Furthermore, the overall reputation of the Liberal Democrat Party, on a list of things I care about, ranks below the following:
- current whereabouts of the core from the apple I ate last Wednesday
- the difference between "taupe" and "wheat" in paint colour schemes
- the post-Public Enemy Number One career of Bobby Davro
I would, however, like to ponder some of her motivations for yet again expounding against the very existence of Israel in terms that are just about as aggressive as any in a Western democracy.
Surely, I hear the assembled masses of campaigners and activists cry, it is because of heartfelt solidarity with oppressed peoples and the victims of neo-colonial capitalist aggression everywhere?
Well, possibly. Except that she's not been really all that consistent on such matters.
In 2006, George Monbiot pointed out the Baroness's rather unprogressive views on indigenous Botswanan tribespeople. (Yes. The Baroness is so idiotic she has even me favourably quoting Monbiot):
Tonge responded, a few days later. She did not address the issue of her rather offensive remarks but did make some reasonable points about not patronising developing nations or romanticising the lifestyles of their poorest people:
Monbiot is right on one thing. The bushmen and all indigenous people are part of the modern world however we choose to describe them. The House of Lords is not. Perhaps he can persuade his chums in Survival International to leave the Botswanan human rights NGOs to sort this out, and concentrate their fire on the democratisation of the House of Lords, if not its abolition.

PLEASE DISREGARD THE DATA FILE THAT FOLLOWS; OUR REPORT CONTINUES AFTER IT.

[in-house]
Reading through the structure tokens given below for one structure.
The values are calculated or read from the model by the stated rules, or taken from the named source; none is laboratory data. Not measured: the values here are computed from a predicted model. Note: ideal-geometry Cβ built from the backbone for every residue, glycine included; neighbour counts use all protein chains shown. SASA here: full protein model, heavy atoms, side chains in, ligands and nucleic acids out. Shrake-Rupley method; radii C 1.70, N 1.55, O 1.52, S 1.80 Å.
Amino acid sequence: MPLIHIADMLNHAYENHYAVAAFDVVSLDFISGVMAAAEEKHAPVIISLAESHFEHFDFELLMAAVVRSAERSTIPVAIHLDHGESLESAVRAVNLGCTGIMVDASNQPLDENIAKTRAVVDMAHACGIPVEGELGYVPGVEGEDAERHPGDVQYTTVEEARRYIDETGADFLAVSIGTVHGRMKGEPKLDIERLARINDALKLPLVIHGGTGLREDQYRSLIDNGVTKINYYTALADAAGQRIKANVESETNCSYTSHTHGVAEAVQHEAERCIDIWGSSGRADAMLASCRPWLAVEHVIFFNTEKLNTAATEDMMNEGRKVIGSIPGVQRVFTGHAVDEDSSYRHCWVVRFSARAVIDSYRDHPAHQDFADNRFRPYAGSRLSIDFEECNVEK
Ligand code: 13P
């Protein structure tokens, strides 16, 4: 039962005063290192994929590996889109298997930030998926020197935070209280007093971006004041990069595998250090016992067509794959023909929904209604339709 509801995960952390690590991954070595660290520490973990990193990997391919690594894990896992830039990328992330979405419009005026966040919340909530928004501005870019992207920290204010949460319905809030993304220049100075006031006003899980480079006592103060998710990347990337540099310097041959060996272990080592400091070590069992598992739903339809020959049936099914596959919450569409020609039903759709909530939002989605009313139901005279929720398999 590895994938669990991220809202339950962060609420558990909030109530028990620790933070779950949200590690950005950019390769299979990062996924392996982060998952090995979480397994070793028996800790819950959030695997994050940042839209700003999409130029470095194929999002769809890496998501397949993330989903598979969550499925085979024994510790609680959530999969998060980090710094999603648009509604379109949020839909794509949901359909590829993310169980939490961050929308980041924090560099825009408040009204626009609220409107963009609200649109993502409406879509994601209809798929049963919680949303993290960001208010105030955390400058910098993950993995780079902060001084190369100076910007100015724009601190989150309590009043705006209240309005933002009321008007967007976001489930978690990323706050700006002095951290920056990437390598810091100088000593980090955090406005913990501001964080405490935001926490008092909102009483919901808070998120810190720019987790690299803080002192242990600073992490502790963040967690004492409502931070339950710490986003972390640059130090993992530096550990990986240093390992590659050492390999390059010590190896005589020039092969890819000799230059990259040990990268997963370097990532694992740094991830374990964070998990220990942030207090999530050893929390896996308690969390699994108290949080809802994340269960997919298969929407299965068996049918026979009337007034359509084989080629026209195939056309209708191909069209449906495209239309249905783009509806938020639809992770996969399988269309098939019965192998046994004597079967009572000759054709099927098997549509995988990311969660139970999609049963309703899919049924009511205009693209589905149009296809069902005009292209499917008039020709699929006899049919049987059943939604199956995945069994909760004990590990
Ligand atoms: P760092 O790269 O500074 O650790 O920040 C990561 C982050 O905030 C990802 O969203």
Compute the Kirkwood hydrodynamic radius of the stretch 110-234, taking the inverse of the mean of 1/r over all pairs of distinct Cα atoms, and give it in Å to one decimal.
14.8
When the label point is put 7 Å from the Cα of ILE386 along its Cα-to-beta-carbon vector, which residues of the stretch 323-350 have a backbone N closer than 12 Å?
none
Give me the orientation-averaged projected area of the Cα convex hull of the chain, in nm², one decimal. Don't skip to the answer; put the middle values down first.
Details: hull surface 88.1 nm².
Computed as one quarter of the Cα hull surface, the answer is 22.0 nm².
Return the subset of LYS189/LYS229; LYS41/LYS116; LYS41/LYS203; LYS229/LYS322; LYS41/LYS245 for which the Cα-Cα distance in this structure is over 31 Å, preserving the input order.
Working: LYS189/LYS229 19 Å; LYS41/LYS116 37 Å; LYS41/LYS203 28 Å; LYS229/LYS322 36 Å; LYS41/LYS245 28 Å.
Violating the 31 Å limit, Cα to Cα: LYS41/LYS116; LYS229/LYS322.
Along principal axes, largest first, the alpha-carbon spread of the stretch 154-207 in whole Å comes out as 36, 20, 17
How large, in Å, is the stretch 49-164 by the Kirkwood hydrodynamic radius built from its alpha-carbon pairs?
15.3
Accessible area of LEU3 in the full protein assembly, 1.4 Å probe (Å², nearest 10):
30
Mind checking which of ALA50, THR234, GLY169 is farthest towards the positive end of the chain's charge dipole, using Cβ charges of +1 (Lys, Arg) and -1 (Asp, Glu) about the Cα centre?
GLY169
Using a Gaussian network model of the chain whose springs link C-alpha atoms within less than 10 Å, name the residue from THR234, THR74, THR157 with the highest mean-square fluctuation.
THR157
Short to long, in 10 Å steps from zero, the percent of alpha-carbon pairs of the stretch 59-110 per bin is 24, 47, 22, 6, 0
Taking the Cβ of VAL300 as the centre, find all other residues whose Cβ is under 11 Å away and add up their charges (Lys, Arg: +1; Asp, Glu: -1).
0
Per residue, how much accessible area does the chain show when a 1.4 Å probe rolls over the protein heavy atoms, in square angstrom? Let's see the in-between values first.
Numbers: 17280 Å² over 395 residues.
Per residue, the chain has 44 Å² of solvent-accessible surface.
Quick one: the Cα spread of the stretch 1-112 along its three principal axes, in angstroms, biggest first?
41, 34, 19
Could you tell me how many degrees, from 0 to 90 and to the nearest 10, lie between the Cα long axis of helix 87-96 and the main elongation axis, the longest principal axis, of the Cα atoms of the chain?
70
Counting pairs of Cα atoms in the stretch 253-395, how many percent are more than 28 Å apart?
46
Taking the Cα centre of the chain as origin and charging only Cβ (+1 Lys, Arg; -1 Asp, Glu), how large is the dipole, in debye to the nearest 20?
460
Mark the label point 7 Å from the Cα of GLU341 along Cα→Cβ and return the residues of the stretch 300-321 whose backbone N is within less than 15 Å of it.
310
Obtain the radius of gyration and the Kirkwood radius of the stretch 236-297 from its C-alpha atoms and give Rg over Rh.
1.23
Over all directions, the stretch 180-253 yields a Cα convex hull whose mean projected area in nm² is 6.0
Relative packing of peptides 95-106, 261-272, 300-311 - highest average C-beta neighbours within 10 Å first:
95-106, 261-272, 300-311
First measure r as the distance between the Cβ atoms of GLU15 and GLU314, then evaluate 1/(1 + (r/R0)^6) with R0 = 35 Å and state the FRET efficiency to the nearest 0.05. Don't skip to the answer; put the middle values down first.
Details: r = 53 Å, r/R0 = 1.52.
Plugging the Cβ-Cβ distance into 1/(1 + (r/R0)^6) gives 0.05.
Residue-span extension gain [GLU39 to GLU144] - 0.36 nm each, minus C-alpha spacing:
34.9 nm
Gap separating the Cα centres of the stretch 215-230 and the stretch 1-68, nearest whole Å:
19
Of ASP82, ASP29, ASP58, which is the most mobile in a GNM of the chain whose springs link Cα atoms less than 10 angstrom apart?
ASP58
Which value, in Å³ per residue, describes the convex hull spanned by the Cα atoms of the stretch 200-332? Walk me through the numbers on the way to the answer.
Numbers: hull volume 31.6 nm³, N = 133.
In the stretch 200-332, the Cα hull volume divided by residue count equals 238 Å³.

Whether you agree with Monbiot or Tonge or a bit of both, the Lib Dem peer, in this case, made a neat, well-phrased, thoughtful, and even witty contribution to a debate. She recognises certain realities and lays out the beginnings of a way to reach a resolution.
How might such arguments work in the Israel-Palestine conflict?:
Now I am not comparing the dilemmas that modernity and economic growth throw up in sub-Saharan Africa, to the conflict over three very specific issues that continues to dominate the small coastal plain of the Middle East's western boundary.
But why, Jenny, why, when it comes to Israel-Palestine, do you find it so hard to discuss the issue with anything even approaching the tact, diplomacy, nuance and intelligence that we expect of our Parliamentarians and which, even more importantly, Israelis and Palestinians deserve, too?